Appendix cancer

What is appendix cancer?

Cancer of the appendix is a rare form of cancer which grows in the appendix. There are many different forms of appendix cancer, and in the early stages, a person frequently experiences no symptoms.

The appendix is a tubular, about 4 inches in length, finger-like sac that attaches to the first part of the colon. The precise function of this organ is not well known by scientists. Without an appendix, people will live normal and healthy lives.

Cancer of the appendix, sometimes called cancer of the appendix, is very rare. Experts estimate that about 2 to 9 individuals per 1 million are affected by this form of cancer. Some reports indicate that however, appendix cancer may be on the increase.

A recent retrospective study reported that it increased from about 6 per 1 million individuals in 2000 to as much as 10 per 1 million individuals in 2009.

We address the forms, symptoms, causes, and risk factors of appendix cancer in this article. Diagnosis, recovery, and survival rates for this condition are also covered.


Types of appendix cancer

In the appendix, there are different types of tumors that can start:

  • Neuroendocrine tumor : In hormone-producing cells, a neuroendocrine tumor begins and is usually found in small quantities in almost every organ in the body. This can be called a carcinoid tumor as well. In general, a neuroendocrine tumor begins in either the GI tract or lungs, but can also occur in the pancreas, testicles, or ovaries. A neuroendocrine tumor in the appendix most commonly occurs at the tip of the appendix. Neuroendocrine tumors account for about 50 percent of all appendix tumors. Appendix cancer typically does not cause any symptoms before it has spread to other organs and sometimes goes unnoticed before it is detected for some purpose during an examination or operation. A neuroendocrine tumor in the appendix, which remains limited to the area where it began, has a high probability of successful surgical treatment. Read more about GI tract neuroendocrine tumors.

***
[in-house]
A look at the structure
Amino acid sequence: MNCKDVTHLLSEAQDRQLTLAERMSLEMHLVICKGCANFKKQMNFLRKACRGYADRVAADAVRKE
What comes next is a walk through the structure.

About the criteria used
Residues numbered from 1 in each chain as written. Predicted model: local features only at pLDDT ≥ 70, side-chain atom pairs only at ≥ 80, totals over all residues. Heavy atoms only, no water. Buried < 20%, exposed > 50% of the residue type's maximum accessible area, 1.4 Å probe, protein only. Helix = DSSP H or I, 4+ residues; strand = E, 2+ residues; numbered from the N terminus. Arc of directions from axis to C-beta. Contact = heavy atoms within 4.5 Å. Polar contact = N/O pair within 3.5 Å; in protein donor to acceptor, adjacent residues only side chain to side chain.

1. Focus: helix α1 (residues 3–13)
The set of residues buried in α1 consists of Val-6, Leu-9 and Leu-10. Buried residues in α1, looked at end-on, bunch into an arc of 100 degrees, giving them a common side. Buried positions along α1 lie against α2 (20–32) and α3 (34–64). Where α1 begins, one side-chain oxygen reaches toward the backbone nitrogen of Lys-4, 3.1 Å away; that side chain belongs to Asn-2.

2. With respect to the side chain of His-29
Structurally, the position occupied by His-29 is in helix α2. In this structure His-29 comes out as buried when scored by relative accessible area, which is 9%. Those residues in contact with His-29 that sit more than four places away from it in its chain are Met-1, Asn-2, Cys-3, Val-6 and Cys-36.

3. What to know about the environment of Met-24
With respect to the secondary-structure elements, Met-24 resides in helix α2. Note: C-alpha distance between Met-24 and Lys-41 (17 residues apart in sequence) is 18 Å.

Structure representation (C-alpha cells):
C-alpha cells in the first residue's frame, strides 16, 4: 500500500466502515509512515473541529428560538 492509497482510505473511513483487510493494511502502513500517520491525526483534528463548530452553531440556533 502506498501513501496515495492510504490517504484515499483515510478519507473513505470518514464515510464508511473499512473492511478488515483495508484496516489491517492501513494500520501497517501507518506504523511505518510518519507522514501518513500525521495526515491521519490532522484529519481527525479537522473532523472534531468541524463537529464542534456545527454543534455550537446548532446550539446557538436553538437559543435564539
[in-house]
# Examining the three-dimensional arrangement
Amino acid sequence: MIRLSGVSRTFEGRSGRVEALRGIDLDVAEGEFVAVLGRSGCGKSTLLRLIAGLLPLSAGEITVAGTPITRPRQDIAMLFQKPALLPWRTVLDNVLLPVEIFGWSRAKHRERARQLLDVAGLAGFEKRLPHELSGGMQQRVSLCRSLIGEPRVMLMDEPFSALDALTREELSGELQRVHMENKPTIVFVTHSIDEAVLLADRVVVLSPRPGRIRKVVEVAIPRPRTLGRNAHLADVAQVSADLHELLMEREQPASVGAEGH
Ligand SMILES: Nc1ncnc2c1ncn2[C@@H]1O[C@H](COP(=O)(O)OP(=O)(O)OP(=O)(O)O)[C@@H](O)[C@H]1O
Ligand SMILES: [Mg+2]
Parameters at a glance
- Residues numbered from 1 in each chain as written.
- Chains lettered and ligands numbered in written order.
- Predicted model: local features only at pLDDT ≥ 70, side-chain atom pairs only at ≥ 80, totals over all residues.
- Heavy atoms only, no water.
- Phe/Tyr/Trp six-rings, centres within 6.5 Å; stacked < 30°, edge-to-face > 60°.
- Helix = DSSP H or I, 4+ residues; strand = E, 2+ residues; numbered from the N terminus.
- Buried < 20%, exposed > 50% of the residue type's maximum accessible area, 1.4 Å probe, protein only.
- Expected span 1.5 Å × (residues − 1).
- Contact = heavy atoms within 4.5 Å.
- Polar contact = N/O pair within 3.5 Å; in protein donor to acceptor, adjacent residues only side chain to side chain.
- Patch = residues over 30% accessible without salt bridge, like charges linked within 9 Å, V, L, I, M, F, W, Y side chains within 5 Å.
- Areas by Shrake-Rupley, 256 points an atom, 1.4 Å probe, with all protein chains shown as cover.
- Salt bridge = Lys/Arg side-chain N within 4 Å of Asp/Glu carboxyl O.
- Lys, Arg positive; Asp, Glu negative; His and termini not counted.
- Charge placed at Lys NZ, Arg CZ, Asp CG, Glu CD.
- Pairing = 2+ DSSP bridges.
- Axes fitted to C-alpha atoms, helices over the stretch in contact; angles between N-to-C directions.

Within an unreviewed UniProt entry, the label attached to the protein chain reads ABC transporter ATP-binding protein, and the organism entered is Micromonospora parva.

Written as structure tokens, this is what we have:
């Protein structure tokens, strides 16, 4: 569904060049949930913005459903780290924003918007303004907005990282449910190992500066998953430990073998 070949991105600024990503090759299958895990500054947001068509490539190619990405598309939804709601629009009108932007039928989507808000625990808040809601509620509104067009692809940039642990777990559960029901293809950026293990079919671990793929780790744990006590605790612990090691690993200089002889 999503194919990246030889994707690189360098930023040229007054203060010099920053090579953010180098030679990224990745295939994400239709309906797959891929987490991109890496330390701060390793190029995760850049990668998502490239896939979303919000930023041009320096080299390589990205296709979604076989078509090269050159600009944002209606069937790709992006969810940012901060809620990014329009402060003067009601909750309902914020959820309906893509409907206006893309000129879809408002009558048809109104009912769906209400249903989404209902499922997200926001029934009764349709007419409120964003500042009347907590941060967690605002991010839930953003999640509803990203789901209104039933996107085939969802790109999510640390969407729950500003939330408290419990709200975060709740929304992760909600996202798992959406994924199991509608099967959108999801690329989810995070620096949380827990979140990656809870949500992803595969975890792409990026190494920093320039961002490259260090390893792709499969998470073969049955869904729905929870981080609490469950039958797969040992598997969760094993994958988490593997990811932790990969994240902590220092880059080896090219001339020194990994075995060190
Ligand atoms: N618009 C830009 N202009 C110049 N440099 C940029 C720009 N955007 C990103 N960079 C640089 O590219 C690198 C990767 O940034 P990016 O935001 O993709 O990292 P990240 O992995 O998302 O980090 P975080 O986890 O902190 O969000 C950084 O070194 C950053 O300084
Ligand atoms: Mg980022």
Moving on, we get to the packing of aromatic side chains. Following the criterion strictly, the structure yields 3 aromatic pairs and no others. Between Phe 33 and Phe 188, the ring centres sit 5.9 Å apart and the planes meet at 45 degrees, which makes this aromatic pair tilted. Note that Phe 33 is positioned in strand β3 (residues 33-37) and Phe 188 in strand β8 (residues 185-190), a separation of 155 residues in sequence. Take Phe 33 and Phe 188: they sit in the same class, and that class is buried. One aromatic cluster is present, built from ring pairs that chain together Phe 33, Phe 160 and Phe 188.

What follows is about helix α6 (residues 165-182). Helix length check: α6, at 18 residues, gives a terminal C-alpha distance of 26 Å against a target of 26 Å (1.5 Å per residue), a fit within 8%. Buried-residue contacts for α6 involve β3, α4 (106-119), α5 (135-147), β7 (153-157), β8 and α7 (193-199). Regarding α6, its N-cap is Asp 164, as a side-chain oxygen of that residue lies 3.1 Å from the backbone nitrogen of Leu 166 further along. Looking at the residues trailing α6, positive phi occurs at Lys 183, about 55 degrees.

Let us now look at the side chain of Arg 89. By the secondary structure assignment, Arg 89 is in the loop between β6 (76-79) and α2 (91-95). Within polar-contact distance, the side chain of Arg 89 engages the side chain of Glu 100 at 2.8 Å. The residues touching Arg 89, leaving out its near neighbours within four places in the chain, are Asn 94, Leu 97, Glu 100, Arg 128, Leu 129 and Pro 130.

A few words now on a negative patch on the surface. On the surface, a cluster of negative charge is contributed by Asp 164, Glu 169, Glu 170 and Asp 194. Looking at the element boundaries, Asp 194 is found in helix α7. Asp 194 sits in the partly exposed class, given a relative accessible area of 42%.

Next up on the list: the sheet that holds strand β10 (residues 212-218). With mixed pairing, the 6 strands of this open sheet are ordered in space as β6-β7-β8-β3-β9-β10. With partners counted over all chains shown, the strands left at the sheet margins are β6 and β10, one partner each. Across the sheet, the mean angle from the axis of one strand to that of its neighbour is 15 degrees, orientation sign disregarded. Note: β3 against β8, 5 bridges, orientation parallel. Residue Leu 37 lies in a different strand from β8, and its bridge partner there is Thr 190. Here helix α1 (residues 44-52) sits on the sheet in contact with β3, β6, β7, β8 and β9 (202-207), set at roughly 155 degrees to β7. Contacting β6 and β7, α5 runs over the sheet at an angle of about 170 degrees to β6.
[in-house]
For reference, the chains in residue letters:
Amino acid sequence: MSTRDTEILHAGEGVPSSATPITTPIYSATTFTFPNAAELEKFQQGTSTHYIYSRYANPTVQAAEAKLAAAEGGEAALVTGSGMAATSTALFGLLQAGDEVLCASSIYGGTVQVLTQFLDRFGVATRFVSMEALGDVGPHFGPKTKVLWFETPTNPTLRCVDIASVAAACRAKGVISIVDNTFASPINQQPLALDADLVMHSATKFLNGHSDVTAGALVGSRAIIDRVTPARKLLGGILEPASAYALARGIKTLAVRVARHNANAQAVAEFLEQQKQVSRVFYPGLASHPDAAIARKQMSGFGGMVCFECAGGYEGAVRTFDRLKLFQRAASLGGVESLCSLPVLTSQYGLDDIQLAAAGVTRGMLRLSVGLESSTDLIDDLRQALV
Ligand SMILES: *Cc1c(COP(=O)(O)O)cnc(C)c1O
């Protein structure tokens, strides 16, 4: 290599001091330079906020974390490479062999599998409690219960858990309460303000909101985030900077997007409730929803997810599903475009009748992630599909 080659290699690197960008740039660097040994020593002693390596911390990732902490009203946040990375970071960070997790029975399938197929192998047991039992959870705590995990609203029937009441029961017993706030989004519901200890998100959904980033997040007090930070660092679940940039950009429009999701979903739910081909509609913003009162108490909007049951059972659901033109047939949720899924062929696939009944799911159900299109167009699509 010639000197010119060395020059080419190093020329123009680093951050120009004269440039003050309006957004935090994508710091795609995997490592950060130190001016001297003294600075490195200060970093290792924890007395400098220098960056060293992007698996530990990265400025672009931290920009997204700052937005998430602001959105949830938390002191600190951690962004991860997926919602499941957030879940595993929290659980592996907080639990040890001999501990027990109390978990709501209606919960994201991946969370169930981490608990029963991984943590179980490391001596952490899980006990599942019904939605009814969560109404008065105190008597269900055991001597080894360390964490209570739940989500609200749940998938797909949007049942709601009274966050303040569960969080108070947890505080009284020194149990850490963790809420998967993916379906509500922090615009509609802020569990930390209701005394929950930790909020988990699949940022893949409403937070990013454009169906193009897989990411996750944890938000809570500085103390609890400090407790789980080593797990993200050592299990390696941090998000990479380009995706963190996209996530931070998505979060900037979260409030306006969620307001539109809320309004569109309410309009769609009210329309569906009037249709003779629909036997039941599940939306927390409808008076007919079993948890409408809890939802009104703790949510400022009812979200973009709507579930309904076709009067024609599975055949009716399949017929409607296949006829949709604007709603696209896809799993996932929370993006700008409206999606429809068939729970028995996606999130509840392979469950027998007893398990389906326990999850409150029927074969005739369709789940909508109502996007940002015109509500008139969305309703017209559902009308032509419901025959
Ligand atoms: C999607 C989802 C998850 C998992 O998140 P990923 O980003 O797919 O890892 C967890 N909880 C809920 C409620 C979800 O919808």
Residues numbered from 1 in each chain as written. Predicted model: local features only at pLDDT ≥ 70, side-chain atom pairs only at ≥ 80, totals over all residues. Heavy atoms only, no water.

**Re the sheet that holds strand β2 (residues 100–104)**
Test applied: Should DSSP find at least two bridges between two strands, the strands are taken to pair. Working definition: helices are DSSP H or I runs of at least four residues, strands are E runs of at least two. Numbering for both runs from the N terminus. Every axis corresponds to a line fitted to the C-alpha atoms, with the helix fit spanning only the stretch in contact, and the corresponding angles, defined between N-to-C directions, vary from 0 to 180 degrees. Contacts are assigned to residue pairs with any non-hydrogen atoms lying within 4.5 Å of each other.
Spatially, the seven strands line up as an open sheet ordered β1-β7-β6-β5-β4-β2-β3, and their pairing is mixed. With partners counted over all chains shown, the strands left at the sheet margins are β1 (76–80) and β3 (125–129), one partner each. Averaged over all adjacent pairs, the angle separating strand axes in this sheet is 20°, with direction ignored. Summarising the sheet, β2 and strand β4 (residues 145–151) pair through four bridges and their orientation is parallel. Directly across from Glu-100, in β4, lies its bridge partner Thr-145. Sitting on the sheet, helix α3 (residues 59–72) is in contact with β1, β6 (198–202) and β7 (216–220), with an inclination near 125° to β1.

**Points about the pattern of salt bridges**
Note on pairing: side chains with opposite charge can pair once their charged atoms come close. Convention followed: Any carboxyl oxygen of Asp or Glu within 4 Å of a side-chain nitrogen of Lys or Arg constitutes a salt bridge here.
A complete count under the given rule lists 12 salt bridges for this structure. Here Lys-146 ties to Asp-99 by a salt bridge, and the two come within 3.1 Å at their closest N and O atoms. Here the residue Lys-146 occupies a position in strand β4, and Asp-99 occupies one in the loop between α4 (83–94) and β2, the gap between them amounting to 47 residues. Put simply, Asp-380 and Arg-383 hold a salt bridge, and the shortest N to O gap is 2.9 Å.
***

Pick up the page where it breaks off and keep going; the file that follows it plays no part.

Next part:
• Appendiceal mucoceles : Swelling or sacs from swelling of the appendix wall, usually filled with mucous membranes, are mucoceles. There are a number of benign to malignant conditions that may arise to form a mucocele in the appendix. Mucinous cystadenomas and mucinous cystadenocarcinomas constitute two of these disorders. Mucinous cystadenomas are benign and do not spread, and adenomatous polyps that may form in the colon are similar. They can be removed entirely with surgery as they are found in the appendix. However if the appendix splits, the cells will spread through the cavity of the body and proceed to secrete mucin, a jelly-like material, into the abdomen. Mucin accumulation can lead to abdominal pain, bloating and bowel function changes, including bowel obstruction (blockage). Mucinous cystadenocarcinomas with mucin in the abdomen can have similar symptoms, but they are malignant, which means they can spread to other areas of the body.
  • Colonic-type adenocarcinoma : Adenocarcinoma of the colonic form accounts for about 10 percent of appendix tumors and typically occurs at the appendix base. The most common form of colorectal cancer looks and acts like appendix cancer. It often goes unnoticed, and for appendicitis, a diagnosis is often made during or after surgery. Appendicitis is appendix inflammation that may cause abdominal pain or swelling, loss of appetite, nausea, vomiting, constipation or diarrhea, gas inability to pass through or low fever that starts after other symptoms have formed.
  • Signet-ring cell adenocarcinoma : Signet-ring cell adenocarcinoma is rare and is known to be more severe than other forms of adenocarcinoma and more difficult to treat. It is called adenocarcinoma of signet-ring cells because the cell appears like it has a signet ring inside it under the microscope. Similar to colon cancer, this form of appendix cancer is also treated as well.
  • Goblet cell carcinomas/Adenoneuroendocrines : Both adenocarcinomas and neuroendocrine tumors have characteristics of goblet cell carcinomas. They are more aggressive than neuroendocrine tumors and are mostly treated in a similar way to adenocarcinoma treatment.
  • Paraganglioma : This is a rare tumor that grows from paraganglia cells, a collection of nerve tissue-derived cells that survive during fetal (pre-birth) growth in small deposits. Paraganglia is also present near the adrenal glands and in the head and neck regions of the body, including several blood vessels and nerves. This type of tumor is commonly considered benign and is mostly treated successfully with the complete removal of the tumor by surgery. Learn about paraganglioma more.

 Symptoms of appendix cancer

At the beginning, appendix cancer does not have any visible signs. Typically it is observed for another disorder like appendicitis during surgery or during an imaging examination.

During a regular colonoscopy, the doctor may even notice it. If there are signs, however they can include:

  • bloated abdomen
  • ovarian masses
  • chronic or severe abdominal pain
  • nonspecific discomfort in the lower right abdomen
  • obstruction of the bowel